Note: This isn’t an exhaustive list of glossary but more what our team has cherry picked as common terms most Kiwi players may encounter in their search for ideal online or land-based poker rooms.

Know Your Poker Hands

This is our final item on playing poker on this post but becoming familiar with what constitutes the different types of hands a gambler can have and, more importantly, recognising them are essential to becoming a sharper player. New Zealanders who know how much power they are wielding in their hands, regardless of whether it’s a five-card draw or a seven-card stud, are in a better position to arrive at better decisions.

Astute players analyse their hands and keep a tidy record of them, despite having little or no knowledge of what their opponents are in possession of around the table. While strategies may become complex later, the basic grasp of knowing your poker hands remains a constant. It pays to know that the ace can be the highest denomination with “2” the lowest. However, an ace can also be used to denote the lowest value of 1 in poker.

Here is a compact outline of strength of hands from a 52-card deck comprising four suits of 13 ranks with no one suit superior to another in poker:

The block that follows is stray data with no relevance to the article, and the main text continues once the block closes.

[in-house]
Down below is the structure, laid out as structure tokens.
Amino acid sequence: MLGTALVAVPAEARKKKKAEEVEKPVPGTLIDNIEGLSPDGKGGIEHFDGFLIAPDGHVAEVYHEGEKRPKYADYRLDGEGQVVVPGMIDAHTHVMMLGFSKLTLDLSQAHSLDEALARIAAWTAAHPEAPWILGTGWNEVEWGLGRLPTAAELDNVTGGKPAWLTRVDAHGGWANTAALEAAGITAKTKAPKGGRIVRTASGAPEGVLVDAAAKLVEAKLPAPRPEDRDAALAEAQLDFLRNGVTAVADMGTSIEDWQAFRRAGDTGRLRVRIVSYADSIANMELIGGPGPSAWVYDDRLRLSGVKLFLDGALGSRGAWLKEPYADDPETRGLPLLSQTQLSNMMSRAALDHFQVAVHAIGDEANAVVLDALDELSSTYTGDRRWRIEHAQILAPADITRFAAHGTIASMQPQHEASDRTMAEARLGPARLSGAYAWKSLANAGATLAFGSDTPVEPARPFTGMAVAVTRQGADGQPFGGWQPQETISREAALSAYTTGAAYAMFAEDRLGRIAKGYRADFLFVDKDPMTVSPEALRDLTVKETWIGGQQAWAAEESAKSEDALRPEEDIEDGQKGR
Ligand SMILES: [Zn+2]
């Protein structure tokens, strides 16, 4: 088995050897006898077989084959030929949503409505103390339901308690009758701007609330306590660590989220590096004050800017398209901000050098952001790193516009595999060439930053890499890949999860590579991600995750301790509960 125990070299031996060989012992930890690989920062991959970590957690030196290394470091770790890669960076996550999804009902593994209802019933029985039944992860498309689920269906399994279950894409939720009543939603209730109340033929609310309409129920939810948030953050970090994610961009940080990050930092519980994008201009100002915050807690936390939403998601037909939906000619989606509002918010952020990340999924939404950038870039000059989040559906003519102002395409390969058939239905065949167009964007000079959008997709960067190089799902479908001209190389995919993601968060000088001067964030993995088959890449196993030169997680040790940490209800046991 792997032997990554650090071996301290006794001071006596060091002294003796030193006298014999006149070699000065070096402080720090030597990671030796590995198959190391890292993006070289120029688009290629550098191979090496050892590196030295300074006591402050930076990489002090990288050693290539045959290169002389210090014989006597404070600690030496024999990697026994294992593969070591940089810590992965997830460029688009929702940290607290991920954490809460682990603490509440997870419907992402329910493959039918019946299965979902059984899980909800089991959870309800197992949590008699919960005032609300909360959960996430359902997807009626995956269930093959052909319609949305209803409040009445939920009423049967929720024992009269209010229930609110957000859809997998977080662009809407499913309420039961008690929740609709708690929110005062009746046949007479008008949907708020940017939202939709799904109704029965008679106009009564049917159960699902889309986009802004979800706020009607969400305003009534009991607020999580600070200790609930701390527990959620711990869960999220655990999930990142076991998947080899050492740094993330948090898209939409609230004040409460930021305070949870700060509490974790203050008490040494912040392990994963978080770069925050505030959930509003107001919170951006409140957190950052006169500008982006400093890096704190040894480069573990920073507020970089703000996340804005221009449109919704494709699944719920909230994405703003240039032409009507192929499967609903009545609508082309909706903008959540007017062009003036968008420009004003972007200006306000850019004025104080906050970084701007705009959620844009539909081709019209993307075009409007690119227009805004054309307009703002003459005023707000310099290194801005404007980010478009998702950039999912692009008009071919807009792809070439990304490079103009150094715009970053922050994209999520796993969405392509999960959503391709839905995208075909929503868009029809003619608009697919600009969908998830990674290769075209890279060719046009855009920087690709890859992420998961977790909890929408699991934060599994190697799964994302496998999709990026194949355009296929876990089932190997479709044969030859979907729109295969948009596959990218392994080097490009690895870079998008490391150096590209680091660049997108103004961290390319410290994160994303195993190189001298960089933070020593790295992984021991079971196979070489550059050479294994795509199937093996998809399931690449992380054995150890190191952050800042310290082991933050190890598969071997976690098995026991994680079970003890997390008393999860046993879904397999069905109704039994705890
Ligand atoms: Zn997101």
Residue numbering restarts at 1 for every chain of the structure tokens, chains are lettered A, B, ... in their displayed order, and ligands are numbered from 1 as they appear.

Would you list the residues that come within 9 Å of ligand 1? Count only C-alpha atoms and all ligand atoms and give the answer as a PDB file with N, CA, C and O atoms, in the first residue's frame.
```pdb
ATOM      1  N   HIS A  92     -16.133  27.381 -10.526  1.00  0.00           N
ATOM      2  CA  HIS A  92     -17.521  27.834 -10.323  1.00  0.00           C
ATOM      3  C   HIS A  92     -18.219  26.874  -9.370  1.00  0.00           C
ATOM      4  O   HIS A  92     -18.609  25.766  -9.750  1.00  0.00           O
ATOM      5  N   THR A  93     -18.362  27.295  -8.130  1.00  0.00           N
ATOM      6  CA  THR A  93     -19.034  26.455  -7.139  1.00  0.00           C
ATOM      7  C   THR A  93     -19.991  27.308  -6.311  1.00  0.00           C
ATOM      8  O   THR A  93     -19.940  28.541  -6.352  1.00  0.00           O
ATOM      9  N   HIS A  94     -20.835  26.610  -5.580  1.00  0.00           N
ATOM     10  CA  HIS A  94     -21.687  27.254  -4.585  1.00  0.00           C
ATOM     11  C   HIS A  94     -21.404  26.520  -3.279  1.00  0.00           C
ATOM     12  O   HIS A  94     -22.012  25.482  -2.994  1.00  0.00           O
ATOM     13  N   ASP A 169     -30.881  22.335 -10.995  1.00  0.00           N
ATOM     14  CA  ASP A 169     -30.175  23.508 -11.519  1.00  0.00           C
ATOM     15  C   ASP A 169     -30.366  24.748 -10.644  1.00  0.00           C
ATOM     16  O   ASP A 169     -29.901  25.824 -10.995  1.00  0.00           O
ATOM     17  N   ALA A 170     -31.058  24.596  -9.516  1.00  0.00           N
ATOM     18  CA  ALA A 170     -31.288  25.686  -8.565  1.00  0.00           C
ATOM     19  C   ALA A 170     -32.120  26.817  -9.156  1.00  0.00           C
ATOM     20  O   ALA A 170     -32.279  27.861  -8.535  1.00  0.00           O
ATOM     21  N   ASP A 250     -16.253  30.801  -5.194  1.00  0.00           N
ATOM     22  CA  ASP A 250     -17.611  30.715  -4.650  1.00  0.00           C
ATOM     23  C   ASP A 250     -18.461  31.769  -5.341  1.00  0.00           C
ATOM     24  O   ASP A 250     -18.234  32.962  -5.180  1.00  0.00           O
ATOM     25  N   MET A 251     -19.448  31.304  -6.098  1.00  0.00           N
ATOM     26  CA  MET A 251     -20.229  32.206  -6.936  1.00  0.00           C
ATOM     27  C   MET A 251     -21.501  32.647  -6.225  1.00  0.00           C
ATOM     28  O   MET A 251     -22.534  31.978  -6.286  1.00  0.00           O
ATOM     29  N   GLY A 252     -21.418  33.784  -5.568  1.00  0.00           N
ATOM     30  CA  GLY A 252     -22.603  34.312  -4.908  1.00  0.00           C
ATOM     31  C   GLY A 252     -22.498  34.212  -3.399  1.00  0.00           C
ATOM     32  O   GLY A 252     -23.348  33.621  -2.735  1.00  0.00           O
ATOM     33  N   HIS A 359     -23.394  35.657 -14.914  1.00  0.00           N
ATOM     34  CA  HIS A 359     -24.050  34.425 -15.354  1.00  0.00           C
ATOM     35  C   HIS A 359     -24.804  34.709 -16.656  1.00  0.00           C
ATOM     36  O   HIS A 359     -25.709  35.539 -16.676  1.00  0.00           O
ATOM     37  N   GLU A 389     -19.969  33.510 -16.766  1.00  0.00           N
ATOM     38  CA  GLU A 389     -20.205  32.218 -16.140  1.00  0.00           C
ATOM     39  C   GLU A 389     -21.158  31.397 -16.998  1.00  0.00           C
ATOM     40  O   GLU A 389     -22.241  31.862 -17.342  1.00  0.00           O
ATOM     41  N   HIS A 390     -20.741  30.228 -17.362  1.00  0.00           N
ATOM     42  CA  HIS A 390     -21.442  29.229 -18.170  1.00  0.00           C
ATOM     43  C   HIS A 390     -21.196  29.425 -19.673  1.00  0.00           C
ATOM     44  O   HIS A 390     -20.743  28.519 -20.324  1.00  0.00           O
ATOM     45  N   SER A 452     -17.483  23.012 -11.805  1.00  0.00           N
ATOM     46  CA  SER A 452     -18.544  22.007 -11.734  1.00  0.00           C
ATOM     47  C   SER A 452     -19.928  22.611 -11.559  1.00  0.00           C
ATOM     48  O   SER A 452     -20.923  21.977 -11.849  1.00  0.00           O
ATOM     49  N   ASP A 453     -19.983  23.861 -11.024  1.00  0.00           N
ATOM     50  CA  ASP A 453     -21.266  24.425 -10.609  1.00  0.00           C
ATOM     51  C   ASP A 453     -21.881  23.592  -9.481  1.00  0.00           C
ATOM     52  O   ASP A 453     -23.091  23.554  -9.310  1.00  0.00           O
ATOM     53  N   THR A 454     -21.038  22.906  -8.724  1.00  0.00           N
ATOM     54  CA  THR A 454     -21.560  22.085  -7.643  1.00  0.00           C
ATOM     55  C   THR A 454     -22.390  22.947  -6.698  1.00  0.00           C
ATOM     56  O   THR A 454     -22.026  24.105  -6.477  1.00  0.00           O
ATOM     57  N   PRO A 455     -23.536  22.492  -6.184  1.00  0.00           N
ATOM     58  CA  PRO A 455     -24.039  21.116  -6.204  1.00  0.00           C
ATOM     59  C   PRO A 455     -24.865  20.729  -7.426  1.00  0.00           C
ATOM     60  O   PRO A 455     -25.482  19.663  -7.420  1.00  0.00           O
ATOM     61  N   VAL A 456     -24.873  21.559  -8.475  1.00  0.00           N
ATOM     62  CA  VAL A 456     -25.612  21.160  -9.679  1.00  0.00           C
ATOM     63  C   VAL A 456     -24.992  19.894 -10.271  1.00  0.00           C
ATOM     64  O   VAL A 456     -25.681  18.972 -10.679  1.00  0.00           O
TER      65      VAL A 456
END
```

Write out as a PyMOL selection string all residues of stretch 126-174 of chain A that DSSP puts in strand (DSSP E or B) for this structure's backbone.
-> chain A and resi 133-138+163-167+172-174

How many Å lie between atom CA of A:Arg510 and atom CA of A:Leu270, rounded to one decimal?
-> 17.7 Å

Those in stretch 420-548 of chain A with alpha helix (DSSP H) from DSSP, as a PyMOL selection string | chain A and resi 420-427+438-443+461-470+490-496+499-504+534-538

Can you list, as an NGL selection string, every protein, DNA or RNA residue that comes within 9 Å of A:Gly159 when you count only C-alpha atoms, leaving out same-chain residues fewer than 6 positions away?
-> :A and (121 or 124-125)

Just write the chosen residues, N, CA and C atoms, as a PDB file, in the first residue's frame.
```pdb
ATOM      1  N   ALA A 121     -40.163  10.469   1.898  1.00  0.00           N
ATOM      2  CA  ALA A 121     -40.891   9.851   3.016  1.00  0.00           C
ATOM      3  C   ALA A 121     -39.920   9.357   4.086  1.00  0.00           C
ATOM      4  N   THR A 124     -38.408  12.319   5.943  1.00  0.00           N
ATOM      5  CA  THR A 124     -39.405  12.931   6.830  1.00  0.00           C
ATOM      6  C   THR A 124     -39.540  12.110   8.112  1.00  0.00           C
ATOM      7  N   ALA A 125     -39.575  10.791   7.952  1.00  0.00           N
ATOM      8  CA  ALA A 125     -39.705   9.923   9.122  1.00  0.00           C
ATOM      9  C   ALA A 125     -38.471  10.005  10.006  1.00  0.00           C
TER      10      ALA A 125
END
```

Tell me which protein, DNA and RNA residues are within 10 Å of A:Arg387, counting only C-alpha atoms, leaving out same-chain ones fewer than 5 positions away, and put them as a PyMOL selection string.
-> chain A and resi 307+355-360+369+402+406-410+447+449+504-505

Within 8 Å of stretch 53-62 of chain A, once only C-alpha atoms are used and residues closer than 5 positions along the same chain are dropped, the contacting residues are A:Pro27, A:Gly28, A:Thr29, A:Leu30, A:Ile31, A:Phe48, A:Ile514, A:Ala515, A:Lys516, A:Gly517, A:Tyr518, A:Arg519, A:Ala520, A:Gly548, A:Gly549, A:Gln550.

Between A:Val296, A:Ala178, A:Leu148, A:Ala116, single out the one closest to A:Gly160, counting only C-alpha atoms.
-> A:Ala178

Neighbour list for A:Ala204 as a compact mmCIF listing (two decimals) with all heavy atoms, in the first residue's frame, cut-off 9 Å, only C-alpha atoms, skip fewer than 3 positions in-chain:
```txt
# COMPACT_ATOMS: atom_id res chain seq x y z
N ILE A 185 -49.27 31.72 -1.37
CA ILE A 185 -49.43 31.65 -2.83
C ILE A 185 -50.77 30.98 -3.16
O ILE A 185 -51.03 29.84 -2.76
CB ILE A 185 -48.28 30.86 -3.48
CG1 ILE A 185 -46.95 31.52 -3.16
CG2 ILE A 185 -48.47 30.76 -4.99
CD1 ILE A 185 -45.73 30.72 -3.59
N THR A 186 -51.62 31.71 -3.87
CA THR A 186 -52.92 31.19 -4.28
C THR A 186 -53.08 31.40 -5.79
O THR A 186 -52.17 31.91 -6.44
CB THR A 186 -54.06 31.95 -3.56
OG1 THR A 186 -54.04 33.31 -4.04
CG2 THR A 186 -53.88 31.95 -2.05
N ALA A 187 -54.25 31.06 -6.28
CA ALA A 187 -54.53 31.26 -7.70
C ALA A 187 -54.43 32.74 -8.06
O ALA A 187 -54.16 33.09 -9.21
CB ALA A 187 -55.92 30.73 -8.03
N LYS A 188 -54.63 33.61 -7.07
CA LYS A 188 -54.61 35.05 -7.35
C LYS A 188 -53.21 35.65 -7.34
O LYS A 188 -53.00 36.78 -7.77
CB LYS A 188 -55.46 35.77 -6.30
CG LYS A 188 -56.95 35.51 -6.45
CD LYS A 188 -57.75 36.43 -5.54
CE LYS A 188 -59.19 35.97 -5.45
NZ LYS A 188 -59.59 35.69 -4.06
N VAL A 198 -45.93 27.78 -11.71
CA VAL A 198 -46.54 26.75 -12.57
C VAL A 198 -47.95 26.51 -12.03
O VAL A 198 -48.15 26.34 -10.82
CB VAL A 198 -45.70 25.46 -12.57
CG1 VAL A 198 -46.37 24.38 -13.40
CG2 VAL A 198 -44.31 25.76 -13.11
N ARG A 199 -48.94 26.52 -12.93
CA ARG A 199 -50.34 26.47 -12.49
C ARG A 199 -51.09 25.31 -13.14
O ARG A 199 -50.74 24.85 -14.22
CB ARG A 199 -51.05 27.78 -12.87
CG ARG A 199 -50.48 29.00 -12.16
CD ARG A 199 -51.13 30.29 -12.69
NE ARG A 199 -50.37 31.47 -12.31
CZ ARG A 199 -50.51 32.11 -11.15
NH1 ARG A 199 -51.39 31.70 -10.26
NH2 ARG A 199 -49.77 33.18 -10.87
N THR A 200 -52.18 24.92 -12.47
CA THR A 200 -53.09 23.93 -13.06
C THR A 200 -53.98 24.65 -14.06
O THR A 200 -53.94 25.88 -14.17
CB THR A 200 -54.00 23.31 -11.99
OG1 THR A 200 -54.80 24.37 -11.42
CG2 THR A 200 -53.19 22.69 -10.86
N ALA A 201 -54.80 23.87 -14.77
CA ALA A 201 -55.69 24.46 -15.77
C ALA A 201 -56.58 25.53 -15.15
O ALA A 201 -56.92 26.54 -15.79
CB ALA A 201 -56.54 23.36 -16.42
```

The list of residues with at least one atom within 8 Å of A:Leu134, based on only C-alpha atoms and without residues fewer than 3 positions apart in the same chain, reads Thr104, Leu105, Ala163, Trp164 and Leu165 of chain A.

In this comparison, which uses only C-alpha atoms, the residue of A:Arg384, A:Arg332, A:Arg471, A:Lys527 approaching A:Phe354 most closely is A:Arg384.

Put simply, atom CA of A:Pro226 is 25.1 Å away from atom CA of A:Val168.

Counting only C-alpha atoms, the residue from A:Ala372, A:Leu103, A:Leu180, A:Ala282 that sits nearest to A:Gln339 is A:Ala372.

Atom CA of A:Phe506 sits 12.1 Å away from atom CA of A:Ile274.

• Royal flush: A hand that comprises five cards in a sequence, all of the same suit (for example, A, K, Q, J, 10 of diamonds).
  • Straight flush: This pattern of a hand that yields five cards in a sequence, all of the same suit (for example, 9, 8, 7, 6, 5 of spades).
  • 4 of a kind: All four cards in the hand are of one rank and the fifth one is of any other denomination (for example, 7 spades, 7 hearts, 7 clubs, 7 diamonds; and a Q of hearts)
  • Full house: Made popular in films, this hand comprises three matching cards of one rank and two matching ones of another rank (for example, J spades, J diamonds, J clubs; and 8 hearts, 8 diamonds).
  • Flush: Here, all five cards are of the same suit but out of numerical sequence (for example, A, Q, 9, 5, 3 of clubs).
  • Straight: Gambler musters five cards in sequence of rank and they contain at least two contrasting suits (for example, J hearts, 10 spades, 9 diamonds, 8 spades, 7 hearts).
  • 3 of a kind: Three cards of the same rank define this hand, including two not of a similar rank nor similar to each other (for example, K clubs, K diamonds, K spades; 4 hearts, 6 clubs).